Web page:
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There are currently 19 reader reviews for The Bloodletter's Daughter
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Carrie W. (Arcanum, OH)
I thourghly enjoyed this book, the building of the characters, how they all seemed independant of each other but relied heavily on one another. Each person had an entirely different view on each other and how they could use each other for their own advancement. Great Book, love the time period, and how the author described sience vs medicine vs religion.
Mary Lou C. (Shenandoah Junction, WV)
Bloodletter's Daughter is based on a true historical event. It takes place in Bohemia in the early 1600s. The author obviously researched the period and event well. Her resulting tale is riveting. The characters are fascinating and well developed. I couldn't put this book down. It made my heart race! I enjoyed it so much, I'd read it again.
James G. (Warwick, NY)
The promise of the title, cover art, and backcover copy were unfufilled.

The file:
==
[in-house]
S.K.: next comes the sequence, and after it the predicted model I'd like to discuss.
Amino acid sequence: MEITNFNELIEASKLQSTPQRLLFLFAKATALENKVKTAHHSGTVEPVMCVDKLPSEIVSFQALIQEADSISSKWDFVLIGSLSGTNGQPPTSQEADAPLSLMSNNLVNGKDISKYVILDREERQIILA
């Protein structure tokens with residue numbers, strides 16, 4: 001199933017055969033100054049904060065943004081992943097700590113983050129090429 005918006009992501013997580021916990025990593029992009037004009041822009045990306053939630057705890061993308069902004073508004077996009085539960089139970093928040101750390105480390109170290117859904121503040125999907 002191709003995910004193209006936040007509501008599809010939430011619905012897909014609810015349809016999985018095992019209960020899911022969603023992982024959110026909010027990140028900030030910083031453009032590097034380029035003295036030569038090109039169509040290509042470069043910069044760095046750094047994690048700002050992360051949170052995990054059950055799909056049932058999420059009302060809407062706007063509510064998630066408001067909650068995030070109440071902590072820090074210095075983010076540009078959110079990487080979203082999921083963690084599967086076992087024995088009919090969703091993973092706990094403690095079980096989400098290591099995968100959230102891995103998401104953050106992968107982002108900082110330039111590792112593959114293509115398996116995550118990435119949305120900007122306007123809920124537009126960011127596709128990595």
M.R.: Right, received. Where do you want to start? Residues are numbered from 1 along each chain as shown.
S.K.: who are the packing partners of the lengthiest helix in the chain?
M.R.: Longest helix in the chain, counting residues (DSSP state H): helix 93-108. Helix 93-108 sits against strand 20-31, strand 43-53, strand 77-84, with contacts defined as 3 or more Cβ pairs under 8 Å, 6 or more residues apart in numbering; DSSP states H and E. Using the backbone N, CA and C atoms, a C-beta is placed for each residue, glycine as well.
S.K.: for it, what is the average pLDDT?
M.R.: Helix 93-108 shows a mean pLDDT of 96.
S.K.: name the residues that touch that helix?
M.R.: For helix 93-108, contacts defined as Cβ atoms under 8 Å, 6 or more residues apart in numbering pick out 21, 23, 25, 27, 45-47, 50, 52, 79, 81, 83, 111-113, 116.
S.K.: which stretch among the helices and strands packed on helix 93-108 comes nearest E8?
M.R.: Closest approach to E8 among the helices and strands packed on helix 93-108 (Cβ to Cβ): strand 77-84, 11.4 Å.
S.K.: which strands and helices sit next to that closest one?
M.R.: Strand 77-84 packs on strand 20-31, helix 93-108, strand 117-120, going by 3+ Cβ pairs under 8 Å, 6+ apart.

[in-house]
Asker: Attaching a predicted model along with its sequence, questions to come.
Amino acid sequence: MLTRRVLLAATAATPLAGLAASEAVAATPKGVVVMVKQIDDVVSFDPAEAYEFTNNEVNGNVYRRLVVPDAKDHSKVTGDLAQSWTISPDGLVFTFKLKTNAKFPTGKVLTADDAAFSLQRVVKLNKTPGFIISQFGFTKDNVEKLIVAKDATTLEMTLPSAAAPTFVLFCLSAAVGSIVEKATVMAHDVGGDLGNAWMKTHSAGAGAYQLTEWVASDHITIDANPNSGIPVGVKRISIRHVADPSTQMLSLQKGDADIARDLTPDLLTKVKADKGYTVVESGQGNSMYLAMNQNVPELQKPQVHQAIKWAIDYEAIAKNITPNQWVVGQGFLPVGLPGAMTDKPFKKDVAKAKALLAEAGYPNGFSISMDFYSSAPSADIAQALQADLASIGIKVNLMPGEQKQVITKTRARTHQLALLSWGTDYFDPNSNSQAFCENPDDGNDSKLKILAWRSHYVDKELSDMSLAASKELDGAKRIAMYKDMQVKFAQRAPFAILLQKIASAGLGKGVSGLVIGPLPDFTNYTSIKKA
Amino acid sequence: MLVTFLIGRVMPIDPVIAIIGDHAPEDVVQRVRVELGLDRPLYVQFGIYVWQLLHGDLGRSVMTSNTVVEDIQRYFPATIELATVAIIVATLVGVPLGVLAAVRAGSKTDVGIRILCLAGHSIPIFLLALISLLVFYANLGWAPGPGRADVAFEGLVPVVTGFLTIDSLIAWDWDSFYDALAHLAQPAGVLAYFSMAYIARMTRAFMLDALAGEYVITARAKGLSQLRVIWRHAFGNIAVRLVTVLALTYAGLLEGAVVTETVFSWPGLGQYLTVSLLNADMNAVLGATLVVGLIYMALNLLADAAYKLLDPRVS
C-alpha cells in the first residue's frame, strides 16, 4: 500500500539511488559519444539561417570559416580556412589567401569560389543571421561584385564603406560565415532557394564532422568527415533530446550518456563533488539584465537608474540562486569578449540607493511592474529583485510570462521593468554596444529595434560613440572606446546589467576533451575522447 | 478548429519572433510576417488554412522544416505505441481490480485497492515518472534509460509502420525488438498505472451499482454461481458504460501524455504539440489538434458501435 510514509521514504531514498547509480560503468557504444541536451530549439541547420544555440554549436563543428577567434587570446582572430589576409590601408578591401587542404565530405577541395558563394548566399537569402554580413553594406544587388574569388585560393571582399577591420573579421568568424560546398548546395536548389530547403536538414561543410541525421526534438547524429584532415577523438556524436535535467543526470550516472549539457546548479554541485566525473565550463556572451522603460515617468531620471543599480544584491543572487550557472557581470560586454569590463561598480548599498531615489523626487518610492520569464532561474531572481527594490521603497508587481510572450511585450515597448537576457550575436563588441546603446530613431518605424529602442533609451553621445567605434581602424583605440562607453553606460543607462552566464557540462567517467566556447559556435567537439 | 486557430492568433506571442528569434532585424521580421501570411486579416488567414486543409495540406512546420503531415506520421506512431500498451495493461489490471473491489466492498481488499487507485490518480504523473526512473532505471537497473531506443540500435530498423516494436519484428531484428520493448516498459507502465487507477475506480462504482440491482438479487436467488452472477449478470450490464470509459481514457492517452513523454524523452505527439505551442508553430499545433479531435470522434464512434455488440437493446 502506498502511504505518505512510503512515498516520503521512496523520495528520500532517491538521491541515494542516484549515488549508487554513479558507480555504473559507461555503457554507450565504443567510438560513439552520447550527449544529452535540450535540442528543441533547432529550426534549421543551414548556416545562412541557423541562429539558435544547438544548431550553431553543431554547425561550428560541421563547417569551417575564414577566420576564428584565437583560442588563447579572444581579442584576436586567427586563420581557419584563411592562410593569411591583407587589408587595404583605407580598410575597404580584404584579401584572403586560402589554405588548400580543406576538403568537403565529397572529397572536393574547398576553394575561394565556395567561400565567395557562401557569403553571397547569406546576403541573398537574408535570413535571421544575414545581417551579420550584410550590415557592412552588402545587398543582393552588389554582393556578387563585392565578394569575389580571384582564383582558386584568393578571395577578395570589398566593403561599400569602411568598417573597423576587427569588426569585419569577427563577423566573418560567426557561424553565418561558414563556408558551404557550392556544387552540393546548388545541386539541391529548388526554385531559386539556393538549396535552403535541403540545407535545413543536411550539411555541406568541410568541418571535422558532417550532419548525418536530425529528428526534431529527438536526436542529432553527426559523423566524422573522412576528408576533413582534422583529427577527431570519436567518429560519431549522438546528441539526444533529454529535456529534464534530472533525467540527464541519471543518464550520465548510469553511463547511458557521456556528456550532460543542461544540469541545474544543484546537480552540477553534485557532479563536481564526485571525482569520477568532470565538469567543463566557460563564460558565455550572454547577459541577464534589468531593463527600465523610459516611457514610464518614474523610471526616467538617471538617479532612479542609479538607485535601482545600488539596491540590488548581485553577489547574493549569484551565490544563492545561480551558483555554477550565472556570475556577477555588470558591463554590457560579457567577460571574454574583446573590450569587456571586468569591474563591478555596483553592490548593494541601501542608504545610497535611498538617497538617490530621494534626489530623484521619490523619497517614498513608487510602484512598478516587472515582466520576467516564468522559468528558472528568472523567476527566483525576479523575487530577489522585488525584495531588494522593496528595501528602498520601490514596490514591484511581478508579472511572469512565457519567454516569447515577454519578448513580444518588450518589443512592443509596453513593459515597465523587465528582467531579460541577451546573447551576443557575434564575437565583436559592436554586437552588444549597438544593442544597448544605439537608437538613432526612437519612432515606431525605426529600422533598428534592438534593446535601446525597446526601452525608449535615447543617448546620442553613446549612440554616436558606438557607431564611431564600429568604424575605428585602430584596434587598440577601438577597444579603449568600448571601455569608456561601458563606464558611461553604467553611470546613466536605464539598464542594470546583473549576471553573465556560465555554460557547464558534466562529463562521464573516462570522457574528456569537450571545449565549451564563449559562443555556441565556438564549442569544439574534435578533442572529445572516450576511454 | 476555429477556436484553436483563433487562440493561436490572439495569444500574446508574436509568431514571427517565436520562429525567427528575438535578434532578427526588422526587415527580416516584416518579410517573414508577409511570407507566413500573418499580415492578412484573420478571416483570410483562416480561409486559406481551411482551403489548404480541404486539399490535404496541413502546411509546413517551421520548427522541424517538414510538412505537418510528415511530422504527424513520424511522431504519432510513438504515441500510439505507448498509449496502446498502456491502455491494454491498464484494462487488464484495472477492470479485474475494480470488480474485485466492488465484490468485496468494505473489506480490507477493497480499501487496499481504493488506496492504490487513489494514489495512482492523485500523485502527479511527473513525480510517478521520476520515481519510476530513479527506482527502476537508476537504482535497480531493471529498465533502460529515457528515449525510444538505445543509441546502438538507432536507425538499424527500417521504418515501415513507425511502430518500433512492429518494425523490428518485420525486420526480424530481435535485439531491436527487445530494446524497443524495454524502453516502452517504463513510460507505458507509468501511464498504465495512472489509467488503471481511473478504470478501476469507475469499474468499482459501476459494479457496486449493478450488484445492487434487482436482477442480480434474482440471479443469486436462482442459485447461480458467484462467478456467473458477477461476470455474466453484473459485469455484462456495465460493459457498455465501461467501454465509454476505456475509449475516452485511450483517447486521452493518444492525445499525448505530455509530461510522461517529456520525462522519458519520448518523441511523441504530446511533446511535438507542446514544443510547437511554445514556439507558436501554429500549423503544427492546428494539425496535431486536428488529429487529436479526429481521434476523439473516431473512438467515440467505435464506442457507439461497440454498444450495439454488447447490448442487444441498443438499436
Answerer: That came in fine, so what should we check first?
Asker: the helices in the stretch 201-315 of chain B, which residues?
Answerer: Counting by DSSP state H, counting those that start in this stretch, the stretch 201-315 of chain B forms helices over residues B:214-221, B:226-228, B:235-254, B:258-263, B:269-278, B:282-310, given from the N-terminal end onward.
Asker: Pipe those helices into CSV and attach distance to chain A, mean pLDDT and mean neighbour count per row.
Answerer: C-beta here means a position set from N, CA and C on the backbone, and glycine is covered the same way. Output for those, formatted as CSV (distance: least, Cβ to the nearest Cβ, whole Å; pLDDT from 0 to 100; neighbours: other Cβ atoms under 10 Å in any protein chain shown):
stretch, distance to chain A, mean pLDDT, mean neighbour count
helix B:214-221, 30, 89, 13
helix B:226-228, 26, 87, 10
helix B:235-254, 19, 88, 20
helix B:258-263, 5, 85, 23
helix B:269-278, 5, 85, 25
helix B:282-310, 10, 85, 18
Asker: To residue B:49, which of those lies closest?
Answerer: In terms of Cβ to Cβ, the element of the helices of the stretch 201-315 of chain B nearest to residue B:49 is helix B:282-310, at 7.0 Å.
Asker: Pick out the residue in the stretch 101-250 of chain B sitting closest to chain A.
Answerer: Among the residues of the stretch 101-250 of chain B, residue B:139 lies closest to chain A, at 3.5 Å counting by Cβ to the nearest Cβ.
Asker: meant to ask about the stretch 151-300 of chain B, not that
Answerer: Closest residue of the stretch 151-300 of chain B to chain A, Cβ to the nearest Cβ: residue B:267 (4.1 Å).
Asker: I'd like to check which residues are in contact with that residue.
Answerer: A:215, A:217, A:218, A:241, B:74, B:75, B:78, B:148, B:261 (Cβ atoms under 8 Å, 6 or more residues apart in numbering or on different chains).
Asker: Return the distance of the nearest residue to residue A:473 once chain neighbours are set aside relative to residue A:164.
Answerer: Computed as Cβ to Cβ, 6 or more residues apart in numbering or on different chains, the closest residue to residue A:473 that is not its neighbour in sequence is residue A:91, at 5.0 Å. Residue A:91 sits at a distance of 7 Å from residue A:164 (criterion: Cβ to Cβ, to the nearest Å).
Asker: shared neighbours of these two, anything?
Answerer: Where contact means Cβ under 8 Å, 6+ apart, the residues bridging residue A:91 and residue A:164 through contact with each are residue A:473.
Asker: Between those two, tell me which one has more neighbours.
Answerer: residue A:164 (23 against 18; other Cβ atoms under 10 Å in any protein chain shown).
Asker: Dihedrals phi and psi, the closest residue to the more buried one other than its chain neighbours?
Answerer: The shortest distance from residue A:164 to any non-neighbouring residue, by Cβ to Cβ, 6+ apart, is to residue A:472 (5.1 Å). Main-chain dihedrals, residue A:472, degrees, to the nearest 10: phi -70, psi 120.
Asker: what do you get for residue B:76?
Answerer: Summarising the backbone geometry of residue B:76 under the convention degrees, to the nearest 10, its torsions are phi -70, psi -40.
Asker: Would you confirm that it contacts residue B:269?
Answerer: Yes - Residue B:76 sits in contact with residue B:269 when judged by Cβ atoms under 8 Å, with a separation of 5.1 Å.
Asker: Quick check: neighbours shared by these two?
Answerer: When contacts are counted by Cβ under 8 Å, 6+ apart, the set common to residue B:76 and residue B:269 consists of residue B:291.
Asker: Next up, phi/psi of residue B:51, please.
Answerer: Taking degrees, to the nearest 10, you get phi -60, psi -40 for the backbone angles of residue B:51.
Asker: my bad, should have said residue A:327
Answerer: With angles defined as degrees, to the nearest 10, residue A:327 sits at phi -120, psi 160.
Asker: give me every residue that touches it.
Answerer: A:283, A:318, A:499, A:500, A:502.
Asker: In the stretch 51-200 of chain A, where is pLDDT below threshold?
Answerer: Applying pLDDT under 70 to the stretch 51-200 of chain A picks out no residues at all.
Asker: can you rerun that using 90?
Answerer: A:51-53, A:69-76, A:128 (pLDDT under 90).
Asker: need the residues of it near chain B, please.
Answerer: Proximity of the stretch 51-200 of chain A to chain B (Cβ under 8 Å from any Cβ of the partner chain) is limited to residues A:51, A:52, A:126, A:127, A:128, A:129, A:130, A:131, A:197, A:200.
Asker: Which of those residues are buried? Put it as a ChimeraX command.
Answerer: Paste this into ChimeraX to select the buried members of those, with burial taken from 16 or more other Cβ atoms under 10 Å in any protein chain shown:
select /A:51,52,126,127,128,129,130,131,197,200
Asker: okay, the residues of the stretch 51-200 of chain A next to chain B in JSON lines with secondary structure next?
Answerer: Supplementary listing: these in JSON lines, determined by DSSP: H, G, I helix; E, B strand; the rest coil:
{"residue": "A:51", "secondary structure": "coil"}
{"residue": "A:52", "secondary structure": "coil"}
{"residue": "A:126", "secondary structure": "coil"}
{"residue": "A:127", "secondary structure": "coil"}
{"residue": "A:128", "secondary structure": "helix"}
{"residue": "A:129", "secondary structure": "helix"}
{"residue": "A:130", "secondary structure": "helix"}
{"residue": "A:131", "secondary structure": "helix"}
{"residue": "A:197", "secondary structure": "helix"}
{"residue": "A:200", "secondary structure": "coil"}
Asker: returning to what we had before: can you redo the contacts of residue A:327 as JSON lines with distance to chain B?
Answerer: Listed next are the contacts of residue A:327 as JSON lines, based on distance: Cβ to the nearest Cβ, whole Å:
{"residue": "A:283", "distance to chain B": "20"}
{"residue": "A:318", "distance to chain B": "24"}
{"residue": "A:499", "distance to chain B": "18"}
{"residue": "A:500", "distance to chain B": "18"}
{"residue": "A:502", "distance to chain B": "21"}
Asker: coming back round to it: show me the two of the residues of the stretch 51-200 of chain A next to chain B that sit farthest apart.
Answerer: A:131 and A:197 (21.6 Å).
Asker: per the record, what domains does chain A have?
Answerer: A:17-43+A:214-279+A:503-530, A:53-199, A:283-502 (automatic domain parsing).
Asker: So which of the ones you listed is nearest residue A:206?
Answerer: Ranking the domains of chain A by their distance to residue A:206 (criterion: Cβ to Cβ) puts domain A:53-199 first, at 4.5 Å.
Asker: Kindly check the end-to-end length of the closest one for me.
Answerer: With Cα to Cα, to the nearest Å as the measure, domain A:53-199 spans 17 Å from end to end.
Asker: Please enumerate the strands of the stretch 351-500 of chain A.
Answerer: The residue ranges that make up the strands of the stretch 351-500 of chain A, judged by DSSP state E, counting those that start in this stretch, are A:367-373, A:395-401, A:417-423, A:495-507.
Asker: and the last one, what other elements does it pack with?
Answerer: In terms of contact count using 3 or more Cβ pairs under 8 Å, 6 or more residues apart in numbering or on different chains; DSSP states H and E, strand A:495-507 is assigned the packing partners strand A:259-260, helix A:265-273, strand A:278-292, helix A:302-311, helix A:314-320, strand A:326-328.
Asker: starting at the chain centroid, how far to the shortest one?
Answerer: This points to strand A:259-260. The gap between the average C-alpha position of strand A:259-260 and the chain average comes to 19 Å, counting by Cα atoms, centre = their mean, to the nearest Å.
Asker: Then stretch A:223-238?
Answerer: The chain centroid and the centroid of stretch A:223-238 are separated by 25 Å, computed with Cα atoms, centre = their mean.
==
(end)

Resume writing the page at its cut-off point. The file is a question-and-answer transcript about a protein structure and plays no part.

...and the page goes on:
The title The Bloodletter's Daughter and appropriate cover art immediately intrigued me, however, the backcover blurb promised so much that was undelivered. Prologues are usually ignored by readers. Readers want to cut to the chase, at least this reader does. Chapter one lacked the hook of a great opening. Stability plus inciting incident equals instability, followed by a struggle to resolve instability, and return to stability. That is the currently accepted literary standard for opening scenes. Today, that first introduction of the stability of the protagonist's world may be as short as two sentences. In chapter one, Lafferty's generalized weather report and endless backstory about a (literally) dirty old man playing with himself while ogling a naked teenage bathhouse girl is not my idea of an inciting incident and really put me off. Had I not agreed to review this book, I would have put it down here. Although Linda Lafferty is obviously talented I can not in good conscience recommend this book.